In 1899, performing in the drawing rooms of London’s elite, Isadora Duncan was already laying the foundations for modern dance. The 22-year-old’s movements were visceral, free-flowing and expressive. Performing barefoot, she shattered the conventions of traditional ballet and, in doing so, enchanted high society. A year later, in Paris, she met the sculptor Auguste Rodin, whose work proved a revelation, and the influential dancer Loie Fuller, whose support marked the beginning of a dazzling on-stage career.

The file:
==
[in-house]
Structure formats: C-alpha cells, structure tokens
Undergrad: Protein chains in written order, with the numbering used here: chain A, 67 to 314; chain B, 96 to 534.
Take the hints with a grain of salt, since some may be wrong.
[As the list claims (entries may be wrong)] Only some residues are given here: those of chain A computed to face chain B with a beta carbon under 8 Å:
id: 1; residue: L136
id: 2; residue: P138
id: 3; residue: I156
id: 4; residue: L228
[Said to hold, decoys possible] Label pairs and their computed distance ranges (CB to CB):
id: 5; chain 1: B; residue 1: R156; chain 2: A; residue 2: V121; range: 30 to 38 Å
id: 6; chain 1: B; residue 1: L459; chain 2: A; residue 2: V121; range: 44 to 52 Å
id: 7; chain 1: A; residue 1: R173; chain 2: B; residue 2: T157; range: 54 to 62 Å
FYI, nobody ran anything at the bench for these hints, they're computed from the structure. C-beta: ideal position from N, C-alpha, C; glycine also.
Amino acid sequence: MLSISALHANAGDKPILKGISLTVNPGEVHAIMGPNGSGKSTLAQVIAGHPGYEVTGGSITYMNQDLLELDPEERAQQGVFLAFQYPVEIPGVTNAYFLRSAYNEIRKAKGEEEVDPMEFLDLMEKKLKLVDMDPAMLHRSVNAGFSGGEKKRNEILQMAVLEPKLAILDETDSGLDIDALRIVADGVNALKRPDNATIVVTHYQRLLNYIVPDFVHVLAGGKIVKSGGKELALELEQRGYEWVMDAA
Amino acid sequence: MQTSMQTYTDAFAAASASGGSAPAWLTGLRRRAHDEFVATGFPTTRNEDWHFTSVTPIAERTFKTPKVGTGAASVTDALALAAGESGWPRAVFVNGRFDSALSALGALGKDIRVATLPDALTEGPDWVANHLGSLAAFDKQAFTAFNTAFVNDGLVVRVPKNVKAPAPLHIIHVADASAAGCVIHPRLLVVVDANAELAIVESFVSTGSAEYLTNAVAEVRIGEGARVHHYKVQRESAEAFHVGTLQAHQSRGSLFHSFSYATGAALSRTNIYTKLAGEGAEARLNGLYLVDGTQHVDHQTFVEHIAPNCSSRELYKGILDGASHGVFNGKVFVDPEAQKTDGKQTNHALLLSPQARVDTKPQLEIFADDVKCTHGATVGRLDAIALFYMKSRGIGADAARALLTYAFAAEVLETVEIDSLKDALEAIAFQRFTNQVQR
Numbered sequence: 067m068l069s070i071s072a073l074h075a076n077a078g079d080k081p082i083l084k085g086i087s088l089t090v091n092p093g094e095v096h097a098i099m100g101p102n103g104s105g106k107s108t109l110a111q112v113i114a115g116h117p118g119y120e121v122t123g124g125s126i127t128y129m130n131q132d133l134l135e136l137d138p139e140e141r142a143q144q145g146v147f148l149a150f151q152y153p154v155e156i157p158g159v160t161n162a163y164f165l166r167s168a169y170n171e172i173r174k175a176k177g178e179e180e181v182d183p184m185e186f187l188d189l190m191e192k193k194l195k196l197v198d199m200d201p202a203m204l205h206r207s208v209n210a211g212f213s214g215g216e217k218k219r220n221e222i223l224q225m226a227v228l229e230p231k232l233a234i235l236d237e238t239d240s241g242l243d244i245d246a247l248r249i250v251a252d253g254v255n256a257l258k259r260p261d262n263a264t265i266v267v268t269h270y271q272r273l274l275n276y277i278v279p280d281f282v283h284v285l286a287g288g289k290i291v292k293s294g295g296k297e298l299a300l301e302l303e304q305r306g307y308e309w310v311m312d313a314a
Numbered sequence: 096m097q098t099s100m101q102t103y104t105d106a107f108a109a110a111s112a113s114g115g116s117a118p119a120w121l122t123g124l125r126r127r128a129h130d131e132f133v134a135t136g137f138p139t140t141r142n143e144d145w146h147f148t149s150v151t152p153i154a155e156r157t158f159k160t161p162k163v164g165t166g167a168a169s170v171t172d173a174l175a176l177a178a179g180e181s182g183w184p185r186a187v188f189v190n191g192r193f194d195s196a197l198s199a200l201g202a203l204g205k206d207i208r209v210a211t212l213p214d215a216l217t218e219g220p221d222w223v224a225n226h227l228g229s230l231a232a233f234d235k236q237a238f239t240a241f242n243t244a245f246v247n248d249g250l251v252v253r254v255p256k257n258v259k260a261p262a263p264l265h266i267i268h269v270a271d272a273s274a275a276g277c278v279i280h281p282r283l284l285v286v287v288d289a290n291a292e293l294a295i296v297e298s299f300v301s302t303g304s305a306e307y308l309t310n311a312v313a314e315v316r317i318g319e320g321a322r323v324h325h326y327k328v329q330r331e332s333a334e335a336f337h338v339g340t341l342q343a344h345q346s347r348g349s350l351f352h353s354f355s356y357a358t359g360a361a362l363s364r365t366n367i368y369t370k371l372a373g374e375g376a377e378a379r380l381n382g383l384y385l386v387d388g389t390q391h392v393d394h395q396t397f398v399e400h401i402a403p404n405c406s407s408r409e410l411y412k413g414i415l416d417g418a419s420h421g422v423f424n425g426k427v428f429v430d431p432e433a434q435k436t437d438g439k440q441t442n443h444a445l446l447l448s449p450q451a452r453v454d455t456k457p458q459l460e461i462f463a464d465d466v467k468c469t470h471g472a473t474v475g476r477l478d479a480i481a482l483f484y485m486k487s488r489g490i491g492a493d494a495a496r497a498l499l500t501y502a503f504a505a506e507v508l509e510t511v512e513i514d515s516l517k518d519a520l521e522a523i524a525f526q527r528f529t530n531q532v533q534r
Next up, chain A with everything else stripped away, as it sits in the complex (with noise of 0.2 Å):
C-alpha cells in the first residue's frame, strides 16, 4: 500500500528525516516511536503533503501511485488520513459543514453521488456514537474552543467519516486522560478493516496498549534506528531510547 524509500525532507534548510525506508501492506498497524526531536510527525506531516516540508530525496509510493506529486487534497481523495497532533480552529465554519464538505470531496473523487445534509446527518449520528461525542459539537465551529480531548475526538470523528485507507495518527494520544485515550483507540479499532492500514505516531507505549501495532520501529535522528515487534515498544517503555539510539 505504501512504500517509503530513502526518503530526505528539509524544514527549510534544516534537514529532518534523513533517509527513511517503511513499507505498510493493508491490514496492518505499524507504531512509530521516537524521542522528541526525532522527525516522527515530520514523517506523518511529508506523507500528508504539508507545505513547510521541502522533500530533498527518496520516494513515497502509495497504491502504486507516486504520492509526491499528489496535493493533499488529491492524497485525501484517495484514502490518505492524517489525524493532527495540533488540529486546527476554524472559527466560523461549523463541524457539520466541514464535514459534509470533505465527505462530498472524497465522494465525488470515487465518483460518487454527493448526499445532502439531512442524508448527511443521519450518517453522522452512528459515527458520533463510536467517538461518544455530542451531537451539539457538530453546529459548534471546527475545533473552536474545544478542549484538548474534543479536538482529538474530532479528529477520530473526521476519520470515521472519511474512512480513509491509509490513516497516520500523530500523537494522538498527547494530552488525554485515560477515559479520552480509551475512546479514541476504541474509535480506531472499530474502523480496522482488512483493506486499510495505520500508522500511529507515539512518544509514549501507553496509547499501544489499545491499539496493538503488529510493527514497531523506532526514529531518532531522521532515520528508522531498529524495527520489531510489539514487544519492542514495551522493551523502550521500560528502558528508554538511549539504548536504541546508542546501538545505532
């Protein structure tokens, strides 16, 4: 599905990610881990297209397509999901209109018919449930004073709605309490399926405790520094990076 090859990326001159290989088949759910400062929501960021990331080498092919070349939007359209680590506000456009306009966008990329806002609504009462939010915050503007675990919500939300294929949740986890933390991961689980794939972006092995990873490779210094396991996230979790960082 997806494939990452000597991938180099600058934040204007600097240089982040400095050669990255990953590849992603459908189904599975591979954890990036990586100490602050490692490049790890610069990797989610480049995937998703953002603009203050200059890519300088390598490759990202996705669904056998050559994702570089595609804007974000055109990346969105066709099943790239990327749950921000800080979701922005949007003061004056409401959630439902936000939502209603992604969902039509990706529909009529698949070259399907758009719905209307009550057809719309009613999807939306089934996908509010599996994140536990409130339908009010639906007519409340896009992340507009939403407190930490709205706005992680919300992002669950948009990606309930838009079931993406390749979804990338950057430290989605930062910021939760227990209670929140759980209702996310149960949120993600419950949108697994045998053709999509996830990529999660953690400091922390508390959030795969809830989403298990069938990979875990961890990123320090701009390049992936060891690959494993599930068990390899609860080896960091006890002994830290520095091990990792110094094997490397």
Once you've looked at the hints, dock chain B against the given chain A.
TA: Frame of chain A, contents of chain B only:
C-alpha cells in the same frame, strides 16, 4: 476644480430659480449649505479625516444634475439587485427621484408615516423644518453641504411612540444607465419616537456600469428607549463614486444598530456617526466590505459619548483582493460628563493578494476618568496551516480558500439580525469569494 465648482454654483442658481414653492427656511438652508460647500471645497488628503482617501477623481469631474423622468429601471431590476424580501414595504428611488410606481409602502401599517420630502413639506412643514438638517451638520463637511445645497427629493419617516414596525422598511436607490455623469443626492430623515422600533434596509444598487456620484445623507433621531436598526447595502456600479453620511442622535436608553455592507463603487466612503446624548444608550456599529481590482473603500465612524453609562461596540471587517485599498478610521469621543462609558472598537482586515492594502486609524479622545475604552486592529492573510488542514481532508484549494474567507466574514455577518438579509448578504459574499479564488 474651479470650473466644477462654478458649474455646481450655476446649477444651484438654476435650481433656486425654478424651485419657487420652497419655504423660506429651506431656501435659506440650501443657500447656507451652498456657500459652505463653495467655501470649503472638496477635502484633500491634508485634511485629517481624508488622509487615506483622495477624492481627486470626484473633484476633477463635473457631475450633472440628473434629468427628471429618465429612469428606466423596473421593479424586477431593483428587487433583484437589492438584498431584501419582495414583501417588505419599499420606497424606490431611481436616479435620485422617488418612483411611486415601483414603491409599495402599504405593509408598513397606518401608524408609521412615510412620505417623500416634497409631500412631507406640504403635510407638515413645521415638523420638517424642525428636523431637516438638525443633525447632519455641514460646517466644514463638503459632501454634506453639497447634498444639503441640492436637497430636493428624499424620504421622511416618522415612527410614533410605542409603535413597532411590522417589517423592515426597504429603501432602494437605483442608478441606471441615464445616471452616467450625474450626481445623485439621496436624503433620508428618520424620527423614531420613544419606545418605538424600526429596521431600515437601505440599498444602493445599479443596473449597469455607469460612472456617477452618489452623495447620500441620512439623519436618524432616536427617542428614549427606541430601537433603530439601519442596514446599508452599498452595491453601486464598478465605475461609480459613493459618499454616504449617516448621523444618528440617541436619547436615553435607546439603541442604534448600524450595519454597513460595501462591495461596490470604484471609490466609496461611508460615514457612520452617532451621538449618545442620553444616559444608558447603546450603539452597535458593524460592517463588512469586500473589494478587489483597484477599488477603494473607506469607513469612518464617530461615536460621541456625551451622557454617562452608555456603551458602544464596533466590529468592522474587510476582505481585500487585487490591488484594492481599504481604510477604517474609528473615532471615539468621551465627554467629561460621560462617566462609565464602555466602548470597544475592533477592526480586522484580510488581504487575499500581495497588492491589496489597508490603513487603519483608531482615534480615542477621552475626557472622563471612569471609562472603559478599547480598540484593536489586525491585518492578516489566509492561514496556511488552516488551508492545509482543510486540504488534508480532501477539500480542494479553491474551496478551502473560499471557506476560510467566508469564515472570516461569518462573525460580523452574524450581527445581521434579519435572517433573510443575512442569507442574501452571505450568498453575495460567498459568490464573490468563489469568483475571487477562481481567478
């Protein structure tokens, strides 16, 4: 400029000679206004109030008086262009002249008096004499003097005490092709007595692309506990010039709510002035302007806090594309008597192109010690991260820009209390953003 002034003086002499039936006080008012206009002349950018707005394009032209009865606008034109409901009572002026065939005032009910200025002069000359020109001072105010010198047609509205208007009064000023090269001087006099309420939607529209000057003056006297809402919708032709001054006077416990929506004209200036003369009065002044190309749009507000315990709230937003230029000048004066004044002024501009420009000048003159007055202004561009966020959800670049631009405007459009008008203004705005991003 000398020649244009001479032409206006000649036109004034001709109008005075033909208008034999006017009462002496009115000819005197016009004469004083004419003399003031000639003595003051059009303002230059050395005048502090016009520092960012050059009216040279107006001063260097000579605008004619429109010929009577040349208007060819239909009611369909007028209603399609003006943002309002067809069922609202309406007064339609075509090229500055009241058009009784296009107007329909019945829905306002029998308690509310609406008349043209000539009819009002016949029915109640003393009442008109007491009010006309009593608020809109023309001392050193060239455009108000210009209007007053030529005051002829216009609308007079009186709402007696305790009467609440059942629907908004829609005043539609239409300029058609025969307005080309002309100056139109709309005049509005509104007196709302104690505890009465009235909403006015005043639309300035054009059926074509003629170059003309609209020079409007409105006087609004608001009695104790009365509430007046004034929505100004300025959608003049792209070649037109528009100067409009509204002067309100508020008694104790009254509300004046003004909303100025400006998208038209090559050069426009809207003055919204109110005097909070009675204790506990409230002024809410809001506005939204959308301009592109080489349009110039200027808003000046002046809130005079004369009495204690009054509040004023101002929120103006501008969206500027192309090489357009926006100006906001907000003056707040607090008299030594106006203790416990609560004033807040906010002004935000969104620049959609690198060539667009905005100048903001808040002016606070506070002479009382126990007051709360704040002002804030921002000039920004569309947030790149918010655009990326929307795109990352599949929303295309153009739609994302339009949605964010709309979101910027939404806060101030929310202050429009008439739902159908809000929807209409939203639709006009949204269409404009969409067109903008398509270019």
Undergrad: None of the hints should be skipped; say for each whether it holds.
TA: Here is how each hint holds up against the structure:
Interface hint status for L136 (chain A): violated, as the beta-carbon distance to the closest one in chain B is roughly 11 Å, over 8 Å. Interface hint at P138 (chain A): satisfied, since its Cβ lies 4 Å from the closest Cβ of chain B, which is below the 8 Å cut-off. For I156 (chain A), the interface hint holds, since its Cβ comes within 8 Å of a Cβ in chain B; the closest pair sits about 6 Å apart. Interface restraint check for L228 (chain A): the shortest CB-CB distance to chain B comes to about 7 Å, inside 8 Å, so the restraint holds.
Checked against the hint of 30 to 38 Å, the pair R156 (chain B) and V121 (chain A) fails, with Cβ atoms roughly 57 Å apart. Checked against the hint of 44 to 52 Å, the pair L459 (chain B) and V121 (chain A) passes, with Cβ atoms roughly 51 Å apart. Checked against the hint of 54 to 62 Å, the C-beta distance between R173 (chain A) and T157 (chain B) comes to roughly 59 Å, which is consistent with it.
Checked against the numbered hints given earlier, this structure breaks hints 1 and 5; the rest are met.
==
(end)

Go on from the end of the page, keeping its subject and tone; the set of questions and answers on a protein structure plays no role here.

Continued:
In Isadora, Julie Birmant and Clément Oubrerie capture the astonishing life and scandalous times of the "Mother of Modern Dance". This extraordinary graphic novel takes in her arrival in Europe, her rise to stardom and the development of a style of dance – inspired by natural forms and Greek sculpture – that would become her enduring legacy.